2. De la Cosa, Juan. World Map. Spain, 1500. {{PD-Old}} Public Domain. Obtained from wikimedia. Image source: https://commons.wikimedia.org/wiki/
    Currently housed in the Museo Naval in Madrid. According to Niall Kilkenny, this map, along with a portion of the vast secret archives, was taken from the Vatican in 1810 when Napoleon invaded Rome. Napleon transferred the archives to Paris for a world library he planned to build. Not all the documents were taken back to Rome after his defeat. This priceless map was left behind and ended up in a Paris bookshop. The original piece of ox-hide parchment measures 37.5 x 72 inches (96 X 183 cm). It is illustrated in ink and water colors. The map was discovered in 1832 in a shop in Paris by Baron Walckenaer, a bibliophile and the Dutch Ambassador. He brought it to the attention of the Alexander Humboldt, a famous German scholar, who told the world about it. Upon the death of Baron Walckenaer in 1853 the map was purchased by the Queen of Spain. Though greatly deteriorated, it is the chief treasure of the Museo Naval in Madrid. (Ambrosini, The Secret Archives of the Vatican, p. 291).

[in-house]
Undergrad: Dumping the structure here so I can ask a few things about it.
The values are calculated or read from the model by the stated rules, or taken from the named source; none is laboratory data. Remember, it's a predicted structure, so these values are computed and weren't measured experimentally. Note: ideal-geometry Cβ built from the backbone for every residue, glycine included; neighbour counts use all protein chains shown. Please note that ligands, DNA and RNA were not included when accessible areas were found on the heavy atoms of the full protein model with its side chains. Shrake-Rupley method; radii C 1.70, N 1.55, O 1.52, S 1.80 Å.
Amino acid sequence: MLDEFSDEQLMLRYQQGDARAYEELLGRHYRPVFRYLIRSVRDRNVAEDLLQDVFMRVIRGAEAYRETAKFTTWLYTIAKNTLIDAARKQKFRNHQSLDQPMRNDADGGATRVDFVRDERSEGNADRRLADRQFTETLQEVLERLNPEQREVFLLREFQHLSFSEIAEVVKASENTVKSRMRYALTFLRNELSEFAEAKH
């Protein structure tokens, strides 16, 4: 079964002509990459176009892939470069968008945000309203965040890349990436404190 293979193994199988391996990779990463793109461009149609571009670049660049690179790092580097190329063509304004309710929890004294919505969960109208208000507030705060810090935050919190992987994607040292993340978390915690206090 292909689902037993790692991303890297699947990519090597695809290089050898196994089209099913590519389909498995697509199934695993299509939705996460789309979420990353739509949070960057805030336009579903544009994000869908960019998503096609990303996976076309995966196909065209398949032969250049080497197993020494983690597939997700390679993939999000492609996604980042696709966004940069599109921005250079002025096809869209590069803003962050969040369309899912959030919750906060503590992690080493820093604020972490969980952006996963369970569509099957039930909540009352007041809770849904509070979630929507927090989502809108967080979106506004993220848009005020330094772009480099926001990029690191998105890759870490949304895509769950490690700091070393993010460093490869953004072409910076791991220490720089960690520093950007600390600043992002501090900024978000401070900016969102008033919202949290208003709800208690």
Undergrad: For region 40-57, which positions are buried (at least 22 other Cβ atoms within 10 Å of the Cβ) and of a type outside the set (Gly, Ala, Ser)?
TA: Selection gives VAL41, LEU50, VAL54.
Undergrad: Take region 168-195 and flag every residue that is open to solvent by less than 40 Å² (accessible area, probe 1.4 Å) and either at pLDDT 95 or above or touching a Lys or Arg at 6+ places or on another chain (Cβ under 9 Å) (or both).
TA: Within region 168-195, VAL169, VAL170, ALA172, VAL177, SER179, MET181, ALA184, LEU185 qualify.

1. The Cabot Project: Bristol University, headed by Professor Evan T. Jones. Web source: http://www.bristolpost.co.uk/John-Cabot-Bristol-s-explorer/story-11239202-detail/story.html
  2. Wikipedia article submitted, most likely, by the Cabot Project. Web source: http://en.wikipedia.org/wiki/William_Weston_%28explorer%29
  3. “John Cabot Was Not Bristol’s Only Explorer,” from This is Bristol, online article in the Bristol Post, posted: August 28, 2009. Web source: http://www.bristolpost.co.uk/John-Cabot-Bristol-s-explorer/story-11239202-detail/story.html
  4. Douglas Hunter’s book The Race to the New World: Christopher Columbus, John Cabot, and a Lost history of Discovery, Palgrave Macmillan, a division of St. Martin’s Press, New York, NY 100